• Turning to FIG. 2, a block diagram of an exemplary monitoring circuit 208 that may be utilized as the monitoring portion of the cell monitoring and balancing circuit 108 of FIG. 1 is illustrated. The monitoring circuit 208 generally includes an analog to digital converter (ADC) 220 and a processor 222. The ADC 220 is configured to accept an analog voltage signal from each of the battery cells 102-1, 102-2, 102-n and convert each to a digital signal. The processor 220 is configured to receive each digital signal and provide a safety alert signal based on at least one of the digital signals.
  • Advantageously, the ADC 220 may function as an “averaging” type ADC to take an “average” reading of the voltage of each battery cell 102-1, 1-2-2, 102-n such that transient deviations from normal readings will not adversely impact the quality of the digital signal representation of the analog signal. For example, such transient deviations could include voltage spikes or other rapid voltage fluctuations that can occur due to a number of factors including varying charging currents or load currents passing through the internal resistance of the cells.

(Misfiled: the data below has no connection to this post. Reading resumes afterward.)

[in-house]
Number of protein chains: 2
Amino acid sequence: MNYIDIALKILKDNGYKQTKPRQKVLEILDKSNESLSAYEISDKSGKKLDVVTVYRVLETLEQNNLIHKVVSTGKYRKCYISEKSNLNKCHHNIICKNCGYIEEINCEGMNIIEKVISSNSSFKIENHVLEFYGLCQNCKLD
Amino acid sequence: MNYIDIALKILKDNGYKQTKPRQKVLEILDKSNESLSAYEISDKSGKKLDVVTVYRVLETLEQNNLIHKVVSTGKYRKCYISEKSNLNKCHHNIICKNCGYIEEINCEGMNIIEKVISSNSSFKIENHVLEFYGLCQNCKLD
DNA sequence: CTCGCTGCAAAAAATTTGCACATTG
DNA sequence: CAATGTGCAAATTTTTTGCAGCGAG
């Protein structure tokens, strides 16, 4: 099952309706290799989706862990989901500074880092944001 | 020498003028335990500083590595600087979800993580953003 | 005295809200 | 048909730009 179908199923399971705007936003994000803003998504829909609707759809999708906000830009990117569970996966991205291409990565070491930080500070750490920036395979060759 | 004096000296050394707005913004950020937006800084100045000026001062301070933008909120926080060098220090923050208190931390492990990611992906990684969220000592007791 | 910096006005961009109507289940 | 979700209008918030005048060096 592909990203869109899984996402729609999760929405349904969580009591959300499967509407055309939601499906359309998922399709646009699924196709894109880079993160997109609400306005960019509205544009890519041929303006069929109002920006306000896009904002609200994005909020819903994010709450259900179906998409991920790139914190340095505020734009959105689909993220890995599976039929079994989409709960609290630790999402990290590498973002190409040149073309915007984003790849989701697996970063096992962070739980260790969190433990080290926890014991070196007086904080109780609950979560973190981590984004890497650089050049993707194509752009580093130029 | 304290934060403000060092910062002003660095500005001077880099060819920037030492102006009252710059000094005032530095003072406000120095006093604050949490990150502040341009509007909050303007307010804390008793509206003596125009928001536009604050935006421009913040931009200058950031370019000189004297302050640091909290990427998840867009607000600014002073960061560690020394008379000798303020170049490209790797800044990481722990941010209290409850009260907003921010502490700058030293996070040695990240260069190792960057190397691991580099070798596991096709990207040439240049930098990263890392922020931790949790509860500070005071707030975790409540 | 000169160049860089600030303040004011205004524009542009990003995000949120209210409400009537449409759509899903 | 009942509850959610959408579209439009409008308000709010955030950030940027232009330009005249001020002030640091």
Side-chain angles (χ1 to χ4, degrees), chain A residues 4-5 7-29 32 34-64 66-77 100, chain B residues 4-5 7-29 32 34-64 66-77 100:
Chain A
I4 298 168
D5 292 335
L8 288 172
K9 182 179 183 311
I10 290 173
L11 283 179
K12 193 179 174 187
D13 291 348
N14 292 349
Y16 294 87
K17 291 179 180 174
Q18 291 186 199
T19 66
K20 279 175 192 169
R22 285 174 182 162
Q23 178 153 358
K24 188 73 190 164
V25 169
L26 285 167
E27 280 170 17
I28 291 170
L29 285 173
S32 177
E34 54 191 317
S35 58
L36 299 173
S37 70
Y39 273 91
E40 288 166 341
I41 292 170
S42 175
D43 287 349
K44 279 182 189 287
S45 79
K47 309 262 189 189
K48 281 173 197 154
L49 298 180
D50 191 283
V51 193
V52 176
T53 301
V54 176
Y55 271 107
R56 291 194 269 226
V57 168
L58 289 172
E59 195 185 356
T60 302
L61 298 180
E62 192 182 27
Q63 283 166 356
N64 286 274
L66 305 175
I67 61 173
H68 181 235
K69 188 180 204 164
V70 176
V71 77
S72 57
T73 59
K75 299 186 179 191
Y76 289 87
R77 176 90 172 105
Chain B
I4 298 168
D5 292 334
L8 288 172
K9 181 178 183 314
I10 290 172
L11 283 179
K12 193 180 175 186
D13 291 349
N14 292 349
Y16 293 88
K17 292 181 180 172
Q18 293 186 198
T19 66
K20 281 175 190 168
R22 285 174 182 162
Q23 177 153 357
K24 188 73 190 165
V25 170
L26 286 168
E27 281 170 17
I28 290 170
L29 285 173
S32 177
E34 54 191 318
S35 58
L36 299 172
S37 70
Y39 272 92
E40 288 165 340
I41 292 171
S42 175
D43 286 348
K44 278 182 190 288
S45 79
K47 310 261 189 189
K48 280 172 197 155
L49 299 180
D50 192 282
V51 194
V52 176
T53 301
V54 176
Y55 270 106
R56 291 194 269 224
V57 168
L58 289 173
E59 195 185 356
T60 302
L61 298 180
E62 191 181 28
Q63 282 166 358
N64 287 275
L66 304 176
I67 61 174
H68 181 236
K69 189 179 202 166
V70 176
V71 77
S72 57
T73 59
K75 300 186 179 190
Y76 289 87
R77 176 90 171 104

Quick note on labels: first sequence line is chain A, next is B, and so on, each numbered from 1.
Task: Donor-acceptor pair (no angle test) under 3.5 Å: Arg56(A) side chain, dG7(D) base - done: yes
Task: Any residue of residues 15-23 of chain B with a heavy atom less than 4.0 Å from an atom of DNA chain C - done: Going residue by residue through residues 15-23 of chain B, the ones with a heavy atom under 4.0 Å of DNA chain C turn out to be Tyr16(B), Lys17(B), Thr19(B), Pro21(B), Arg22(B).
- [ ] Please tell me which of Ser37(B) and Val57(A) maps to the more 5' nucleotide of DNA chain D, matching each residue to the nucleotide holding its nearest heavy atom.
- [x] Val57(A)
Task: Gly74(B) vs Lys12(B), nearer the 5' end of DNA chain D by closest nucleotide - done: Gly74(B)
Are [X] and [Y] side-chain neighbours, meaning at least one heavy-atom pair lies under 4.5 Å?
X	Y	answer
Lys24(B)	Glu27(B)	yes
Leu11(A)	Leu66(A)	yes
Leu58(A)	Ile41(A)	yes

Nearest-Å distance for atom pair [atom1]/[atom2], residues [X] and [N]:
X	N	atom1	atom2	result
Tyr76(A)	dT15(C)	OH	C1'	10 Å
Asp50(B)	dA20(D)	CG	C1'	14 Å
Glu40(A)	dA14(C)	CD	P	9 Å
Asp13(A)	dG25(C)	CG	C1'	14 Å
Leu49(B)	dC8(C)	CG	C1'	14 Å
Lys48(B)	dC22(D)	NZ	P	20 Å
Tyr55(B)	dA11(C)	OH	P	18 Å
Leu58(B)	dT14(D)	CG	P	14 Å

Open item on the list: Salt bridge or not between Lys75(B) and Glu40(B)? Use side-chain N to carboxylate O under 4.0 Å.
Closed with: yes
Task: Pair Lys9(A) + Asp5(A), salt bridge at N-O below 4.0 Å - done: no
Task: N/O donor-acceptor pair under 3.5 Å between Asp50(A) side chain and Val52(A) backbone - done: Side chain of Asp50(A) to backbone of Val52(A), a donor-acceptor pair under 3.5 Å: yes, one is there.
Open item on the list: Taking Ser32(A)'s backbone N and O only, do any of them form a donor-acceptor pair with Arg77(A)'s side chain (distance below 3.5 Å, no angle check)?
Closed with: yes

• The ADC 220 may include one or more various types of ADCs to function as an averaging type ADC. For instance, the ADC 212 may include single-slope or dual-slope integrating type ADC or a sigma-delta type ADC. Such a sigma-delta type ADC generally includes an analog modulator portion that essentially digitizes an input analog signal at very high sampling frequency equal to Fs×OSR, where Fs is the Nyquist Frequency and OSR is the over sampling ratio to the Nyquist Frequency. The outputs from this over sampling may be combined in groups and the groups may be averaged. An analog signal representing the voltage of any particular battery cell 102-1, 102-2, 102-n may thus be sampled many times, e.g., in the thousands of times in some instances. As such, a few incorrect samplings of transient deviations will have little effect on the average signal converted by the averaging type ADC 220 to an associated digital signal.